# Isometry group of a lorentzian metric which preserves a Riemannian metric

I'm wondering if it is possible for the isometry group of a Lorentzian metric to preserve a Riemannian metric. So if $$(M,g)$$ is a Lorentz manifold and $$Iso(M,g)$$ its isometry group, I ask myself if there are situations where $$Iso(M,g)$$ acts by isometries for a Riemannian metric $$h$$ on $$M$$.

If we assume $$M$$ to be compact, then it may happen that for a Lorentz metric $$g$$ on $$M$$ the isometry group $$Iso(M,g)$$ is noncompact. So in this case I think it is not possible for $$Iso(M,g)$$ to preserve a Riemannian metric on $$M$$, because the isometry group of a compact Riemannian manifold is compact. But what about Lorentz metrics on $$M$$ which have compact isometry groups. Can they always preserve a Riemannian metric on $$M$$? Or is this a very special (and restrictive) thing?

• Did you look at examples? My Lorentzian geometry is very rusty but I think you can construct a Lorentzian metric on the $3$-sphere through the Hopf fibration. Wouldn't the isometry group of that Lorentz metric just be a proper subgroup of the isometry group of the standard Riemannian metric on $S^3$? Edit: a flat torus might be an easier example to study. Feb 8, 2019 at 9:28
• Iam acutally looking for examples, because I only know of examples where $Iso(M,g)$ can not preserve a Riemannian metric. I already thought about a flat torus. If you take a quotient of the flat minkowski space $\mathbb{R}^{1,n-1}$ by the standard lattice, then you end up with a Lorentz n-torus which has noncompact isometry group, if $n>2$. And if $n=2$ the isometry group will be $O(1,1)_{\mathbb{Z}}\ltimes T^2$, but I don't see how this can preserve a Riemannian metric (of course there are subgroups which can preserve a Riemannian metric). Feb 8, 2019 at 9:35
• Maybe I'm missing something here, but isn't $O(1,1)_{\mathbb{Z}}$ just the trivial $1$-element group whereas for the $n=2$ torus with the flat Riemannian metric you instead get $O(2)_{\mathbb{Z}}$ which is the two element group. Essentially in the Riemannian setting you can switch the two axis of the torus but in the Lorentzian you cannot. Feb 8, 2019 at 10:41
• A compact Lie group acting smoothly on a manifold always preserves some Riemannian metric. Hence, what you are effectively asking is if there are examples of semi-Riemannian manifolds with compact isometry groups. The thing is that a "generic" metric (of any signature) has no isometries whatsoever. I am sure there are more interesting examples as well. Feb 8, 2019 at 18:07

I do not have a complete answer to this question, but I believe that I have an example which shows that the Isometry group of a Lorentzian manifold $$(M, g_{L})$$ can act by isometries on a corresponding Riemannian structure $$(M, g_{R})$$ and vice-a-versa. (For simplicity I am only considering the connected component of the isometry group which contains the identity.)

Consider $$\mathbb{R}^{3}$$ with coordinates $$(x, y, z)$$ and consider the frame field \begin{align*} e_{1} &= \frac{\partial}{\partial x} - \frac{y}{2} \frac{\partial}{\partial z},\\ e_{2} &= \frac{\partial}{\partial y} + \frac{x}{2} \frac{\partial}{\partial z}, \textrm{ and }\\ e_{3} &= \frac{\partial}{\partial z}. \end{align*}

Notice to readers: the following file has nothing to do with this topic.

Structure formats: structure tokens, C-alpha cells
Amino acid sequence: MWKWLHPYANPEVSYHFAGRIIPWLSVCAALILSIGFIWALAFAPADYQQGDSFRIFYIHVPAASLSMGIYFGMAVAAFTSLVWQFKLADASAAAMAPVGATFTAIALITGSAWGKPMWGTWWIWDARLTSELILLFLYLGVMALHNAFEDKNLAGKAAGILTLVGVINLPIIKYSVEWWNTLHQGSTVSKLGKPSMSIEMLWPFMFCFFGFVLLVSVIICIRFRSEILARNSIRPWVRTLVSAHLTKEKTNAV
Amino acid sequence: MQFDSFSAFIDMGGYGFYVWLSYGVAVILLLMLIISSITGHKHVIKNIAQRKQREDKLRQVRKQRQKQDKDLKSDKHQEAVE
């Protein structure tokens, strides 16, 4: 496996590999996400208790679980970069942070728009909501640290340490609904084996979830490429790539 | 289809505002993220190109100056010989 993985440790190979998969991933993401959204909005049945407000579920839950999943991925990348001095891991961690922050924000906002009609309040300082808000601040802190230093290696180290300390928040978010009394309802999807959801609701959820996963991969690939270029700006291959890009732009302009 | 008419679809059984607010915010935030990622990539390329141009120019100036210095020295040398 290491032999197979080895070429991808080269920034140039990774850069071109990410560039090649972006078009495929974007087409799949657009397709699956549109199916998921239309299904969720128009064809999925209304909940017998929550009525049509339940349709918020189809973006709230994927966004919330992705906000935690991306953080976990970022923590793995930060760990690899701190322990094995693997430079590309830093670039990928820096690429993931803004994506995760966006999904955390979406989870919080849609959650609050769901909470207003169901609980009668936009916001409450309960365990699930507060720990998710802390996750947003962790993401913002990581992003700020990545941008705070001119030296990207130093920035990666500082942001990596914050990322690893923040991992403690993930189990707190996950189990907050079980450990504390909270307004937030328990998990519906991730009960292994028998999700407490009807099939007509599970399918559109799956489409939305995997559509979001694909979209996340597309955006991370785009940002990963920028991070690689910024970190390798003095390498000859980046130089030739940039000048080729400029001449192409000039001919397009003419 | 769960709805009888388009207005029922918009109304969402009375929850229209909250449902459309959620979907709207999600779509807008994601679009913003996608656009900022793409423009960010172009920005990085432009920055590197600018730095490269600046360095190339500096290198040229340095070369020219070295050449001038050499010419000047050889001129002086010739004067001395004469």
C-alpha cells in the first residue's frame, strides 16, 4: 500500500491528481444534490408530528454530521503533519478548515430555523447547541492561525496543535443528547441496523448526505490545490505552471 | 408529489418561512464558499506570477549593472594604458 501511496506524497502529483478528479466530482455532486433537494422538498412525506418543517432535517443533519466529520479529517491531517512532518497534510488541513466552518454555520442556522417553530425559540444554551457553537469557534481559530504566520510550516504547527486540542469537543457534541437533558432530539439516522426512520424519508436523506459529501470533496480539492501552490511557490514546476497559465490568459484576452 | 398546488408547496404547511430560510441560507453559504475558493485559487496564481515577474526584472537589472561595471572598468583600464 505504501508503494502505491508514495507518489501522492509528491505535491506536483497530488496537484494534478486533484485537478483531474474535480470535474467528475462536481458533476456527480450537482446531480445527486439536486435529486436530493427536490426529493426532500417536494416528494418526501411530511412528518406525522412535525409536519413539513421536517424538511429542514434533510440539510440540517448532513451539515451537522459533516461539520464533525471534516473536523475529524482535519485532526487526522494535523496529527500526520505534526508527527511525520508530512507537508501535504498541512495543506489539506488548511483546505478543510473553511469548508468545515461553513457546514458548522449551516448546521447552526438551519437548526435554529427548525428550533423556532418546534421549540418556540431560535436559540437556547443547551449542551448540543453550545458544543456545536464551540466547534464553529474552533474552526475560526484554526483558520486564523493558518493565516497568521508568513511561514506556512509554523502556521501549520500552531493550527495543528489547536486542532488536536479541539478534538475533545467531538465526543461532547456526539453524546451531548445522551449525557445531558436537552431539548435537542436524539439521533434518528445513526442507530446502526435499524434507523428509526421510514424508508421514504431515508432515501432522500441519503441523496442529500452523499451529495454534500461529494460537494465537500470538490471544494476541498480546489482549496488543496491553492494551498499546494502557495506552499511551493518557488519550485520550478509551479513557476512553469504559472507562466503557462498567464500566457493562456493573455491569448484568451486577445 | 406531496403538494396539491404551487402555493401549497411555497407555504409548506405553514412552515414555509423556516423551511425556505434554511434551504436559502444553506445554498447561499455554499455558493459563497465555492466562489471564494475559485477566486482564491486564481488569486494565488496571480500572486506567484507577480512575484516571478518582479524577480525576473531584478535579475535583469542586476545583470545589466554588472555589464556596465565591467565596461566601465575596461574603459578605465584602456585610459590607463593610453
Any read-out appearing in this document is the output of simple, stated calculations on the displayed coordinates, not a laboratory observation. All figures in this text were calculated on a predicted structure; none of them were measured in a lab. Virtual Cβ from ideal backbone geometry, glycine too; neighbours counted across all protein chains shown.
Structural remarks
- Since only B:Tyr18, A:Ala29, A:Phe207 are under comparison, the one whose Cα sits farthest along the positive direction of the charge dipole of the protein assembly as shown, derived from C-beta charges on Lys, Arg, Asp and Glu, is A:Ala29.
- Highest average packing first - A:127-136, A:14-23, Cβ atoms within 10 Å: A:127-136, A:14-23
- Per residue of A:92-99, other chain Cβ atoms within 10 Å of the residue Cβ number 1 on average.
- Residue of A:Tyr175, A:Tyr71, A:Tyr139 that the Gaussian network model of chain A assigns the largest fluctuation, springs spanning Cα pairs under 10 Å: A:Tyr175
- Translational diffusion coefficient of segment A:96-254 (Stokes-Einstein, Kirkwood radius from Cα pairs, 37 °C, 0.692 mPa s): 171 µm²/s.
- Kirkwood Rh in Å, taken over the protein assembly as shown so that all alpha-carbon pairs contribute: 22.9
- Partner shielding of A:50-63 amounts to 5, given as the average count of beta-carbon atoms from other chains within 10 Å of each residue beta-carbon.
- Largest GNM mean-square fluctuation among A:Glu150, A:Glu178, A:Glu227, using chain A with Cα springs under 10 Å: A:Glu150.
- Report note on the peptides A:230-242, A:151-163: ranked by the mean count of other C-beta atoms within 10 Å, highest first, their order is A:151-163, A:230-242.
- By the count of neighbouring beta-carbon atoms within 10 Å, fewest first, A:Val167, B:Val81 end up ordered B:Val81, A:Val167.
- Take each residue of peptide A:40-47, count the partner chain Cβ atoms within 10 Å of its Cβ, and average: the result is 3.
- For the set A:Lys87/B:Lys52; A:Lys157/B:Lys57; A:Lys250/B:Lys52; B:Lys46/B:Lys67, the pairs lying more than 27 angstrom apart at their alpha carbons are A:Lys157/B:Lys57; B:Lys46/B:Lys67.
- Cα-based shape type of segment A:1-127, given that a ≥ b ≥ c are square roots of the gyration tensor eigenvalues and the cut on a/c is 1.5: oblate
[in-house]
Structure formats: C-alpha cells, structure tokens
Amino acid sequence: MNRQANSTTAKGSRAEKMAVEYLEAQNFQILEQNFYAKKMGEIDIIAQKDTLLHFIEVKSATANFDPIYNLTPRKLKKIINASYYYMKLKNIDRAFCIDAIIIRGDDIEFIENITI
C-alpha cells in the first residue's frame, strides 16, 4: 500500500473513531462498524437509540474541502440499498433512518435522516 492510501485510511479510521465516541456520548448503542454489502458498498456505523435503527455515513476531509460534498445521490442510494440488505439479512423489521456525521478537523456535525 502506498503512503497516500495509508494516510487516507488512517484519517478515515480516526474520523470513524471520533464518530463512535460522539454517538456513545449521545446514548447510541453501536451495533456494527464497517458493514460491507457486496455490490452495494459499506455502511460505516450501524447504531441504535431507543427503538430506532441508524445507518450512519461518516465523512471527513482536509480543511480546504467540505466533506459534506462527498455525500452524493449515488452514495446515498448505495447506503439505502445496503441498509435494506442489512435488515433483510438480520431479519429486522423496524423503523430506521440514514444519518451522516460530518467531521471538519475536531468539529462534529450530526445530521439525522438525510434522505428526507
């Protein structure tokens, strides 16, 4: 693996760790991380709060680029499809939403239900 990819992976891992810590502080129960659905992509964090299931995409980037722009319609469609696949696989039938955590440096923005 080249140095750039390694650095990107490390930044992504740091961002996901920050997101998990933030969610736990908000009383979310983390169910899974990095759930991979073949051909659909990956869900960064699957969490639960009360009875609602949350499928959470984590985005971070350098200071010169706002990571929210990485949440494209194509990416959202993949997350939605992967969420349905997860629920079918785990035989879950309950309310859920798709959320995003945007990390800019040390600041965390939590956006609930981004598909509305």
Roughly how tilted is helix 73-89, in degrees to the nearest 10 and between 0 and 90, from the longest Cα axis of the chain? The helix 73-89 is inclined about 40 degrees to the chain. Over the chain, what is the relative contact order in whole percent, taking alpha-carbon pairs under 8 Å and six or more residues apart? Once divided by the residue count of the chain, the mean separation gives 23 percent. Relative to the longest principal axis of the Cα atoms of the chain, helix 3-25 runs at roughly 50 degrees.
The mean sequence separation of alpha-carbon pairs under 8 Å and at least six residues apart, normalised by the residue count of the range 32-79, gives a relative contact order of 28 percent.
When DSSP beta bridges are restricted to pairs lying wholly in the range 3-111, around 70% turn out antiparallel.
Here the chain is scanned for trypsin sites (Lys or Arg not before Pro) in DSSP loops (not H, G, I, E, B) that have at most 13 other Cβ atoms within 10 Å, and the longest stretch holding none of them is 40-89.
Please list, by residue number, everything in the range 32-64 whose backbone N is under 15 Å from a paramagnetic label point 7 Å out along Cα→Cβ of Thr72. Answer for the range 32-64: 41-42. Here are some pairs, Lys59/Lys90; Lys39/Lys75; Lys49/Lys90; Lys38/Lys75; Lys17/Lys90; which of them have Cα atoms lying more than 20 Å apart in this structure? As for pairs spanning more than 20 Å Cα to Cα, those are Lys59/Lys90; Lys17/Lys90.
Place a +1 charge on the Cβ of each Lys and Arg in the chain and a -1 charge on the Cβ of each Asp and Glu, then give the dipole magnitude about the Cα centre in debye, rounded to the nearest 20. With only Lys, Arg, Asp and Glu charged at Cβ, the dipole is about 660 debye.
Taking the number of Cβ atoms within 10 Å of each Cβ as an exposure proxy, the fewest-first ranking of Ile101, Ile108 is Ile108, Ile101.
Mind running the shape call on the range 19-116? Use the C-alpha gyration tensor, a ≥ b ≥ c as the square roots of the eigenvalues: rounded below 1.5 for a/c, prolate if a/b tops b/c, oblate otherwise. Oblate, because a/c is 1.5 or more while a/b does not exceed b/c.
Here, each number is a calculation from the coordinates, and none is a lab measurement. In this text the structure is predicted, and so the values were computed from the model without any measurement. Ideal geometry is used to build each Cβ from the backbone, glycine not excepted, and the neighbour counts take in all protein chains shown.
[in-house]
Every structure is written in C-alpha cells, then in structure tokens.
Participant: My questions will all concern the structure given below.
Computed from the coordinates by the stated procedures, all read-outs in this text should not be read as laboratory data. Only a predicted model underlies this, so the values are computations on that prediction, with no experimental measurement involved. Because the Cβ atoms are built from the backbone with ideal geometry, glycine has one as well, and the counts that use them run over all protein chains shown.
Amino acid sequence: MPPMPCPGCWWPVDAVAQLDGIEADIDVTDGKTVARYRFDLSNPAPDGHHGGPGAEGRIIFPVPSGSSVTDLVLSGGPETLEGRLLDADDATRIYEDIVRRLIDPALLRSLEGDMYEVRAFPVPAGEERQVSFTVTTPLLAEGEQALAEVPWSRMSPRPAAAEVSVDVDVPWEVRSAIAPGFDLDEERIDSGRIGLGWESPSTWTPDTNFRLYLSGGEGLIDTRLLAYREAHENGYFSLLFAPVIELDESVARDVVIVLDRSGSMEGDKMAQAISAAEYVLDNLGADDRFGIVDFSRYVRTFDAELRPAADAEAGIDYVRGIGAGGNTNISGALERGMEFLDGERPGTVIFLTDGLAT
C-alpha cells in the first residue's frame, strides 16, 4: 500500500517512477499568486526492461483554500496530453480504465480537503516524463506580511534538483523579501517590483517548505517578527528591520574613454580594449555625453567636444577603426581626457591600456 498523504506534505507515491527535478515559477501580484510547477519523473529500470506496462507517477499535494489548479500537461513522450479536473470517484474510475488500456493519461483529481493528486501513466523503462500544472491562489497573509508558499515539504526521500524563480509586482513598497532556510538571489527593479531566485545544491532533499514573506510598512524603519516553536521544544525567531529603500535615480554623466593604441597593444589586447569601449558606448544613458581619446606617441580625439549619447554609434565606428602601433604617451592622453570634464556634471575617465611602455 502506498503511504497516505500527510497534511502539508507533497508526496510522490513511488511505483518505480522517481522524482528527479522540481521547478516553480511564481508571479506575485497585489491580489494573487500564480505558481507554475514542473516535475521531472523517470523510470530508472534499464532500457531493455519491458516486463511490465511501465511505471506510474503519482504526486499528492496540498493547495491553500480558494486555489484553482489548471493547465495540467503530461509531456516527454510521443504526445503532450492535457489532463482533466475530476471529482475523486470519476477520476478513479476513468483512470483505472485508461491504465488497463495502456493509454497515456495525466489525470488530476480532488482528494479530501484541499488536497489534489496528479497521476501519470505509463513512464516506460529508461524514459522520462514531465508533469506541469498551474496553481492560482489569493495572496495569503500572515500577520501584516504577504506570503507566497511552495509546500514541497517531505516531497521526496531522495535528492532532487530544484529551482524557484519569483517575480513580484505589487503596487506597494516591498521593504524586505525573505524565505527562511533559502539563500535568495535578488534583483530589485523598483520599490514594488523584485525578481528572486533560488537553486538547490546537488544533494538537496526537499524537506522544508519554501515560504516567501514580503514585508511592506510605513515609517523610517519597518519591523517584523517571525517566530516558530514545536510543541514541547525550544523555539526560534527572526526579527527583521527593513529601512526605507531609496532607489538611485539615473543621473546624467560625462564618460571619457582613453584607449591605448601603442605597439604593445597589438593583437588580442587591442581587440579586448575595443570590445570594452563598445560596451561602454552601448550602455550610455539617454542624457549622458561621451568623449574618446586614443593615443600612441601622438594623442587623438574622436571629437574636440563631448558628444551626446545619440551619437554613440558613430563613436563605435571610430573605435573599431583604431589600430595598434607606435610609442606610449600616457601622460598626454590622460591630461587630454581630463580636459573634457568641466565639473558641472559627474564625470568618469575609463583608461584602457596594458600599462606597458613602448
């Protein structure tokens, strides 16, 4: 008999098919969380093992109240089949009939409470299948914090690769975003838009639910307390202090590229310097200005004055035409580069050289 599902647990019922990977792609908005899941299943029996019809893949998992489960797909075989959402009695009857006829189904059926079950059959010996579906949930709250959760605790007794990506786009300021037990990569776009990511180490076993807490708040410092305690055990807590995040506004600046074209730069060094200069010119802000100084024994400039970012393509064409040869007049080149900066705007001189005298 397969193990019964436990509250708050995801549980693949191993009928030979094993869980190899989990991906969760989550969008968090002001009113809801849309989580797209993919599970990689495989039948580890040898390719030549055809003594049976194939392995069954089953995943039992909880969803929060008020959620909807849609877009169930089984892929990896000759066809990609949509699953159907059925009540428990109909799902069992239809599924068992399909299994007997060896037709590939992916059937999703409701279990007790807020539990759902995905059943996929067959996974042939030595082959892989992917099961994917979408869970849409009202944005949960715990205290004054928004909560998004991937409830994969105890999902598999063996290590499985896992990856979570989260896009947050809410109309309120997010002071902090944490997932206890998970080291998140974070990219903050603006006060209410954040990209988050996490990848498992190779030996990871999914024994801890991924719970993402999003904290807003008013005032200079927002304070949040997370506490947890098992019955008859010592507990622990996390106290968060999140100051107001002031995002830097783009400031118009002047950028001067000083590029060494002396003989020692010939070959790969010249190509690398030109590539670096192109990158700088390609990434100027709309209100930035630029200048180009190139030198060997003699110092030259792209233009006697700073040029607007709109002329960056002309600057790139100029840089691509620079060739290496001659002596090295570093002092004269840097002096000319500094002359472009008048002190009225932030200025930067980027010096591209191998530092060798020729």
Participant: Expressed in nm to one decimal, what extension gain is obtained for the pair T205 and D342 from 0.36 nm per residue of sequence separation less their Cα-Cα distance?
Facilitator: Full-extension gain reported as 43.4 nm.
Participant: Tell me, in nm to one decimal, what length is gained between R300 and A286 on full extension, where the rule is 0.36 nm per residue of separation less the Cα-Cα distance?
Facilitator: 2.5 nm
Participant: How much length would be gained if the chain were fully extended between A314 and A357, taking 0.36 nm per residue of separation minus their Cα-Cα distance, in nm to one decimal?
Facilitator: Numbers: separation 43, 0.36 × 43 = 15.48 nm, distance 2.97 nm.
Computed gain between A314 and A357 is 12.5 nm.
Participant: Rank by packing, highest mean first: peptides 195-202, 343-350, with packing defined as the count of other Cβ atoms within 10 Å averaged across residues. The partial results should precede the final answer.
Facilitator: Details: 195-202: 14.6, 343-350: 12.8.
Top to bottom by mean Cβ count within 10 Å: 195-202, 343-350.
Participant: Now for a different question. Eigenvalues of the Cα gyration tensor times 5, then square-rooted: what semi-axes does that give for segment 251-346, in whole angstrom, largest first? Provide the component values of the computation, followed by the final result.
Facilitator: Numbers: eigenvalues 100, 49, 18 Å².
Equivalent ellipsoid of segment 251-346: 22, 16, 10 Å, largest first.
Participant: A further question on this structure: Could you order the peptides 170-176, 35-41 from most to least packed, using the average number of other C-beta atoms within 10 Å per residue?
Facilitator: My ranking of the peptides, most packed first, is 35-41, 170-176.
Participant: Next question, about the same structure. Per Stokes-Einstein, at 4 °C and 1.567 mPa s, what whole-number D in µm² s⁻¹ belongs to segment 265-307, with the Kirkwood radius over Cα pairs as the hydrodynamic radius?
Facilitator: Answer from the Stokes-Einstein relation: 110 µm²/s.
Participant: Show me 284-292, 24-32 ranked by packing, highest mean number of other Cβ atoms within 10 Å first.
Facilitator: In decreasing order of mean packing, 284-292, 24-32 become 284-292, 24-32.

The corresponding dual co-frame field is \begin{align*} \omega^{1} &= \mathrm{d}x,\\ \omega^{2} &= \mathrm{d}y,\\ \omega^{3} &= \mathrm{d}z + \frac{1}{2}\left(y \mathrm{dx} - x \mathrm{d}y\right). \end{align*}

Now consider the Lorentzian metric defined by $$g_{L} = \omega^{1} \otimes \omega^{1} + \omega^{2} \otimes \omega^{2} - \omega^{3} \otimes \omega^{3}$$ and the Riemannian metric defined by $$g_{R} = \omega^{1} \otimes \omega^{1} + \omega^{2} \otimes \omega^{2} + \omega^{3} \otimes \omega^{3}.$$

The connected component of the isometry group containing the identity for the metrics $$g_{L}$$ and $$g_{R}$$ is $$Isom(M, g) = \left\{ A \in GL_{4}\left(\mathbb{R}\right) \Big \vert \begin{pmatrix} \cos \theta & -\sin \theta & 0 & a\\ \sin \theta & \cos \theta & 0 & b\\ \frac{1}{2}\left(a \sin \theta - b \cos \theta\right) & \frac{1}{2}\left( a \cos \theta + b\sin \theta \right) & 1 & c\\ 0 & 0&0 &1\\ \end{pmatrix}, a, b, c, \theta \in \mathbb{R} \right \}.$$

Identifying a point $$\mathbf{x} = (x, y, z)$$ in $$\mathbb{R}^{3}$$ with $$\mathbf{x} =\left( x, y, z, 1\right)$$ in $$\mathbb{R}^{4}$$, then the action of $$Isom(M, g)$$ on $$\mathbb{R}^{3}$$ is given by $$A\cdot\mathbf{x}^{t} = \overline{\mathbf{x}}^{t} = \left( \overline{x}, \overline{y}, \overline{z}, 1 \right)$$, where \begin{align} \overline{x} &= x\cos \theta - y \sin \theta + a\\ \overline{y} &= x \sin \theta + y \cos \theta + b\\ \overline{z} &= z + c + \frac{1}{2}\left(a \sin \theta - b \cos \theta\right)x + \frac{1}{2}\left( a \cos \theta + b \sin \theta\right) y. \end{align}

Ignoring the $$z$$-component you have your standard Euclidean isometries on the $$xy$$-plane. The key to the example is that the one-form $$\omega^{3}$$ is invariant under the indicated action. This allows one to toggle the sign on $$\omega^{3} \otimes \omega^{3}$$ to obtain either the Lorentzian metric $$g_{L}$$ or the Riemannian metric $$g_{R}$$.

(As an aside: The indicated example comes from three-dimensional Heisenberg group $$H^3$$ with group structure $$(a, b, c)\star(x, y, z) = \left(a + x, b + y, c + z +\frac{1}{2}(ay - bx)\right)$$. The frame field $$e_{1}, e_{2}$$, and $$e_{3}$$ is left invariant, as are the corresponding metrics. The connected-component of the identity of isometry group has the structure of a semi-direct product $$H^3 \ltimes SO(2)$$. For details on the Riemannian case see Differential geometry of curves and surfaces in 3-dimensional homogeneous spaces Part I by Inoguchi et al.)